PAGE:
Riding the mule: the adventure of small press publication

Guest writer Anne Goodwin shares her top tips and advice for writers considering publishing with a small press…

A first-time novelist with her feet on the ground will recognise when her novel might be insufficiently mainstream to attract an agent and big-name publisher. Unfortunately, I began submitting my novel, Sugar and Snails, with my feet high in the clouds. I could have saved myself a lot of time and disappointment if, like Sarah Armstrong, author of The Insect Rosary, I’d realised my novel was more suited to publication with a small independent press.

Publishing with a relatively unknown independent press feels akin to riding a mule: a peculiar hybrid of large-scale commercial and self-publishing. With no big name or budget to attract your readers while siphoning off a large percentage of potential profits, small press publishing might seem a beast that gives the author of the worst of both worlds. However, with greater author involvement, from the exact date of publication to the design of the cover, no financial outlay and the security of someone to hold your hand as you send your pride and joy out into the world, small-press publication could turn out to be your best option. Given that my novel is about a woman who, as a child, wanted it both ways, this cross between donkey and horse has certainly proved a good place for me.

A small press needn’t be second best. Even Booker prize shortlisted authors, such as Alison Moore, are happy to stay with an independent press. A small press can prove more loyal to authors than a large commercial conglomerate which, as Jane Rogers discovered a couple of years ago, can blithely drop even prize-winning mid-list novelists from their lists. Independent publishers are also popular with some readers, producing, as former bookseller and blogger Susan Osborne says, books that are little out of the mainstream rather than staying on the bandwagon for rather too long.

But, as an author, it’s no bad thing to be cautious. With the rise of e-books and print-on-demand technology, almost anyone can set themselves up as a publisher. How can you be sure yours isn’t out to exploit you? As Teika Bellamy, founder of Mother’s Milk Books told me, It’s all about the relationship! If you receive an offer from a small press you’d hitherto never heard of, there are four things you can do to increase your chances of forging a relationship that works for you.

Learn about alternative publishing options.

Understanding the mechanics of self-publishing not only provides a possible retreat if a publishing relationship turns sour, but it demystifies the publishing process, showing you exactly what your publisher should be doing on your behalf.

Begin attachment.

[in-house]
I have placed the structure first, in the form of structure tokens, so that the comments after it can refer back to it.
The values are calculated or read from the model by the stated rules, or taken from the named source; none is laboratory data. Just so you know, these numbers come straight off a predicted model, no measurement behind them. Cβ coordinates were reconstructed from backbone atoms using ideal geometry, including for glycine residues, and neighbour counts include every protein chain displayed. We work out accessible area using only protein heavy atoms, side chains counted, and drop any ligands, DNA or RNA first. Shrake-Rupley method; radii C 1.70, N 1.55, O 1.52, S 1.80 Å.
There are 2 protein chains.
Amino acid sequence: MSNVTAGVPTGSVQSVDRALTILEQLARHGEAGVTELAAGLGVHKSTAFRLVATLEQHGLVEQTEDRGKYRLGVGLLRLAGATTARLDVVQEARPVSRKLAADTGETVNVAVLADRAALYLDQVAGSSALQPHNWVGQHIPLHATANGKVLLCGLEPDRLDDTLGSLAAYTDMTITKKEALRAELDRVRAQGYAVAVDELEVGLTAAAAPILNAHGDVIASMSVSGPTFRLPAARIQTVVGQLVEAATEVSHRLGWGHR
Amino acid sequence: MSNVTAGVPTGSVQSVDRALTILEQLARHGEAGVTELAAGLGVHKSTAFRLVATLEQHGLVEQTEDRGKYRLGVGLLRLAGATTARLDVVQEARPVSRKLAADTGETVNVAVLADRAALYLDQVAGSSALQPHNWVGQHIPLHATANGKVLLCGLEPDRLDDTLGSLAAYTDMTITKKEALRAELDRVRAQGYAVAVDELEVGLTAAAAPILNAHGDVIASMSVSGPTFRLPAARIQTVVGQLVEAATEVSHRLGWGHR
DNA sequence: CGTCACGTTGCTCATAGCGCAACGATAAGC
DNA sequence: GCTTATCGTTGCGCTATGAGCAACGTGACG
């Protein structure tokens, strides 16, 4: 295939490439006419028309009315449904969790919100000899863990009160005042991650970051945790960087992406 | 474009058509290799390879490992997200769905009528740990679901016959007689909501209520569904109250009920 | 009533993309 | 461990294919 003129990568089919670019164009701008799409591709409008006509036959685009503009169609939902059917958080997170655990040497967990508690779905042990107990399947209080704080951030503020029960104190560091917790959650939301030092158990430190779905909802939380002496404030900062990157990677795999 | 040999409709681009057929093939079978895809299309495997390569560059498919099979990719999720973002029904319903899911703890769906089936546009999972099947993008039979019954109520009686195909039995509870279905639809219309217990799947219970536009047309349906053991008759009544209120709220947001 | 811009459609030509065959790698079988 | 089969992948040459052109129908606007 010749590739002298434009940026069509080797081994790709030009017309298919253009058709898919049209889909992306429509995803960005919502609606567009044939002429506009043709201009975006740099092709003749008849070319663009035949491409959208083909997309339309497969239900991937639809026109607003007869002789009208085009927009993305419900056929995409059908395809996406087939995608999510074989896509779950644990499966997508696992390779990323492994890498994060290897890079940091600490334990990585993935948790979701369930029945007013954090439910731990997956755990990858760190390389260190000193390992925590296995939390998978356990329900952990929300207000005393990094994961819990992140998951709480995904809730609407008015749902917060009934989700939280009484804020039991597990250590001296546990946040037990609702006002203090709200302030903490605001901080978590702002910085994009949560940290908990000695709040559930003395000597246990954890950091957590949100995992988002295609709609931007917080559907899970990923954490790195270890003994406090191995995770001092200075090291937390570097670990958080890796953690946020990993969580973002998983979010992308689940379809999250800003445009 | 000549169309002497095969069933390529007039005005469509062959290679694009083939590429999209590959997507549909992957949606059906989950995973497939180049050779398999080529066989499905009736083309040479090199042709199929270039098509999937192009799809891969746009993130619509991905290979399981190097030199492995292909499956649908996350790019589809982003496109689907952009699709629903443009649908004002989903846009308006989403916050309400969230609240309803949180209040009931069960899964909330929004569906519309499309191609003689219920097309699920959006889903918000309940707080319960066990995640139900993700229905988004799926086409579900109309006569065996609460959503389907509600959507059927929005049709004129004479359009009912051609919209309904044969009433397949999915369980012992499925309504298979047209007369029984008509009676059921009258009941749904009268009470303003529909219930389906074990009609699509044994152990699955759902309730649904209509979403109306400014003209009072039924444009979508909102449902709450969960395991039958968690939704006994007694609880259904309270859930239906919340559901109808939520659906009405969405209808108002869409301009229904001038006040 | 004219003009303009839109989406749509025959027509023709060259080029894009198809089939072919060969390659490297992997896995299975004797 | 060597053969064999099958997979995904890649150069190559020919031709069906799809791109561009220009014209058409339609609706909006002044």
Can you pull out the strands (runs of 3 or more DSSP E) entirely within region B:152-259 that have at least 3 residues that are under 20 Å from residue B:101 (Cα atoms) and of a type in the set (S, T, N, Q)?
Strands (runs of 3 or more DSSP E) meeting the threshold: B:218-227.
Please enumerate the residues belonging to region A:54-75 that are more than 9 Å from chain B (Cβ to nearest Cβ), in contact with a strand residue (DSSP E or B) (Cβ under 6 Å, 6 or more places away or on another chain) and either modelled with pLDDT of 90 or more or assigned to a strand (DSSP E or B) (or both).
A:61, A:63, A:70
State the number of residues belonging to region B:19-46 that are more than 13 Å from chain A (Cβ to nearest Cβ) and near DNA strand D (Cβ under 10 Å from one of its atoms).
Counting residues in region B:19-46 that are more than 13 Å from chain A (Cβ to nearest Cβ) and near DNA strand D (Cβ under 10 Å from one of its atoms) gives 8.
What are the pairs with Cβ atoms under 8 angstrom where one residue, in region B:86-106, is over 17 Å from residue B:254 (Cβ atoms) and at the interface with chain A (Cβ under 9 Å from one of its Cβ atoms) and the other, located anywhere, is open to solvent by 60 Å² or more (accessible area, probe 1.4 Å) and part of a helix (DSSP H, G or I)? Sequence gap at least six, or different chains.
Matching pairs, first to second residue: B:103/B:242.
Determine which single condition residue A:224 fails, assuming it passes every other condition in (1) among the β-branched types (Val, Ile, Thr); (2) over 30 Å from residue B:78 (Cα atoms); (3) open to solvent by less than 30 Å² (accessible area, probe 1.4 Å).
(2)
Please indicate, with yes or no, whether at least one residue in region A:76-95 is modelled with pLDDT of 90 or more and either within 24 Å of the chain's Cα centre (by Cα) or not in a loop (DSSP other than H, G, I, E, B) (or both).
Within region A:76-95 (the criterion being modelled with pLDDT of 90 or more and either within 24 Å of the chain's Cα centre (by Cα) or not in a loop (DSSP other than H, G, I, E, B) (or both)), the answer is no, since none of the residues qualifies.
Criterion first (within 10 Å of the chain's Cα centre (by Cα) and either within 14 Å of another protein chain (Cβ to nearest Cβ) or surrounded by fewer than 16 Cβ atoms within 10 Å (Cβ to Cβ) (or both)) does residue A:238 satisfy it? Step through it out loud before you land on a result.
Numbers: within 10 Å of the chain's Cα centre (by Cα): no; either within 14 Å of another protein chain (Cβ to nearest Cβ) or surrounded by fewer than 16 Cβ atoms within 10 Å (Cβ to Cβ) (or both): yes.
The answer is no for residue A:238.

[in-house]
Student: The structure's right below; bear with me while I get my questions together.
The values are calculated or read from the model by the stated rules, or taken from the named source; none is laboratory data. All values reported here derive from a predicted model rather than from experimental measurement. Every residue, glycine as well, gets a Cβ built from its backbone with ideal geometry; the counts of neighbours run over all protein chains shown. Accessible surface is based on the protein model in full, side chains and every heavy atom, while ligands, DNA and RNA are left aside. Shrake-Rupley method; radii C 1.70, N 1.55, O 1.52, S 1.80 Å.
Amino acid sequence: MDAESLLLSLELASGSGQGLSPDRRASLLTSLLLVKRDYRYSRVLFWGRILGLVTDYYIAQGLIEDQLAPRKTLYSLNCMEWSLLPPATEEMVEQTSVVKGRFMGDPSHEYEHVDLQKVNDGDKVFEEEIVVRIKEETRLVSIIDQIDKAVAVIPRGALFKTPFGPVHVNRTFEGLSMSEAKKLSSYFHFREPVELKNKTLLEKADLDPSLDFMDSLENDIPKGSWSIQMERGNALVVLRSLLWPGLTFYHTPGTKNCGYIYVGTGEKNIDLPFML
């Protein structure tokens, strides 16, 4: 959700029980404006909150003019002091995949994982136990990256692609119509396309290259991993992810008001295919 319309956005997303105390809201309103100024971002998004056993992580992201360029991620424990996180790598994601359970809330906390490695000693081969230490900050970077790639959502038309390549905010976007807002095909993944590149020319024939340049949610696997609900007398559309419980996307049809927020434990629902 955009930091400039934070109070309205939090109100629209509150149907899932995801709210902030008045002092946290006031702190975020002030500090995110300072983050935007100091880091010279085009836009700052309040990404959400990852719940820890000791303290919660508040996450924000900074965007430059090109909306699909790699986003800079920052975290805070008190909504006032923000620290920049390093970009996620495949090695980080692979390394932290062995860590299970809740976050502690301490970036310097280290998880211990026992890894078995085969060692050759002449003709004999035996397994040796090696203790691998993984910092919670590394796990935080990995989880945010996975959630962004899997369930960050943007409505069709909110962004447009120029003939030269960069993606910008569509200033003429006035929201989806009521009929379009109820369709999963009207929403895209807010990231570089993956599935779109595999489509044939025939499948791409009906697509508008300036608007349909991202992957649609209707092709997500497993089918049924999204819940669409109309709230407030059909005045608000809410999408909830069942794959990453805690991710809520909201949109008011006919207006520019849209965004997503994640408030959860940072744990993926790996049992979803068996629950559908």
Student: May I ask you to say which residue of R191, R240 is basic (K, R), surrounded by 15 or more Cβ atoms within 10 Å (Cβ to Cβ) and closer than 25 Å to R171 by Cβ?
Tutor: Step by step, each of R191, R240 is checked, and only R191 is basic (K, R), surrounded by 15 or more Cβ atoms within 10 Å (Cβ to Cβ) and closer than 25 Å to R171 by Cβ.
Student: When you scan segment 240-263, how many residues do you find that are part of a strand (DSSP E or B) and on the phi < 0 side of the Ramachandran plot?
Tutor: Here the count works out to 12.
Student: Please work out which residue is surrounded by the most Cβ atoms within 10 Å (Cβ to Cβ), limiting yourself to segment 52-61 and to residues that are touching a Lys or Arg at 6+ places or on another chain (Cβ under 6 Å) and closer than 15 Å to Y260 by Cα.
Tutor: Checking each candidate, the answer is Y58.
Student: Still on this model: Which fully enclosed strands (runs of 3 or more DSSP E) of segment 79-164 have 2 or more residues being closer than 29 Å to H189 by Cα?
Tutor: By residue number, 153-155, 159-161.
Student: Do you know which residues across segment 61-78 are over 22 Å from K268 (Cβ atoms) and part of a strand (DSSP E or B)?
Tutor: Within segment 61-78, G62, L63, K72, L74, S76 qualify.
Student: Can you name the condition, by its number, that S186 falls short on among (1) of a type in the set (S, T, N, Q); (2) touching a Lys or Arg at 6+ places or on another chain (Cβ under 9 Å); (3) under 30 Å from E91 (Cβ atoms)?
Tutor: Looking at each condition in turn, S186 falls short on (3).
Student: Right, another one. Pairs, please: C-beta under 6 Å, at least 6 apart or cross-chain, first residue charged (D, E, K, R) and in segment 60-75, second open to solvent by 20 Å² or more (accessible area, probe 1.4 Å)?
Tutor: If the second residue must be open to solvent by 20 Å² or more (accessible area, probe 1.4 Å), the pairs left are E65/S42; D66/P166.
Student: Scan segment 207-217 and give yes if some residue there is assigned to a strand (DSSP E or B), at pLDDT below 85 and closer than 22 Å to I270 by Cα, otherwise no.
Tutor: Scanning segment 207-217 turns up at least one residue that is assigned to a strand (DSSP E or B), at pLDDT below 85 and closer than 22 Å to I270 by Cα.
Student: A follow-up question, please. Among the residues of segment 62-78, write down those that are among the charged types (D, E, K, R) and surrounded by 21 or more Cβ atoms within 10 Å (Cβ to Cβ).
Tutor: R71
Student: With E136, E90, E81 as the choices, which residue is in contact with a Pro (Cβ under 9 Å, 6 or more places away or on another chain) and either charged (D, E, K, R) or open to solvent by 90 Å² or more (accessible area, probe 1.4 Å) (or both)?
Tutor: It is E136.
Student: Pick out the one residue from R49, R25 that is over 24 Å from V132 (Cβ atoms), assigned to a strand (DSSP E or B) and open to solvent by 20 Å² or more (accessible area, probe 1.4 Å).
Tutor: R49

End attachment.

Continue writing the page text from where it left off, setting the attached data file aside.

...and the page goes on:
Check out your publisher.

Explore the website; find out how they market their books; pay attention to price. An overly expensive book can’t compete against more modestly-priced books by better-known authors or publishers, but a book that’s too cheap is also disadvantaged in the marketplace.

Scrutinise copies of their previous publications for the quality of the editing; production standards; cover; blurb. Would you want your words packaged this way and how far is your publisher prepared to be flexible if you don’t? Don’t be afraid to ask questions of both your publisher and other authors, attending not only to the content of their responses, but their willingness to engage.

Negotiate a contract that’s right for you.

While it’s tempting to skim through the legalese and sign on the dotted line, you should take the time over your contract. The Society of Authors can advise on how close yours comes to the industry standard. Due to the lower publisher investment, they are not in favour of print-on-demand or e-book only models, although, with some built-in safeguards, this has worked for me.

Be realistic in your expectations.

While it’s worth negotiating a favourable contract, don’t act as if you’ve won a six-figure advance from one of the Big Five. Be modest in your expectations, apart from your expectations of what you’ll need to do to bring your book to the reader’s attention. Even a shrinking violet can publicise her own novel and you don’t need a publicist to organise a successful blog tour or to solicit online reviews. But be realistic about your own limitations also; the time will come when you need to leave this book to stand on its own merits and move on to writing the next.

Bio

Anne Goodwin’s debut novel, Sugar and Snails, about a woman who has kept her past identity a secret for thirty years, was published in July 2015 by Inspired Quill. Her second novel, Underneath, about a man who keeps a woman captive in a cellar, is scheduled for May 2017. A former clinical psychologist, she is also the author of over 60 published short stories, a book blogger and speaker on fictional therapists and on transfiction. Catch up on her website: annethology or on Twitter @Annecdotist.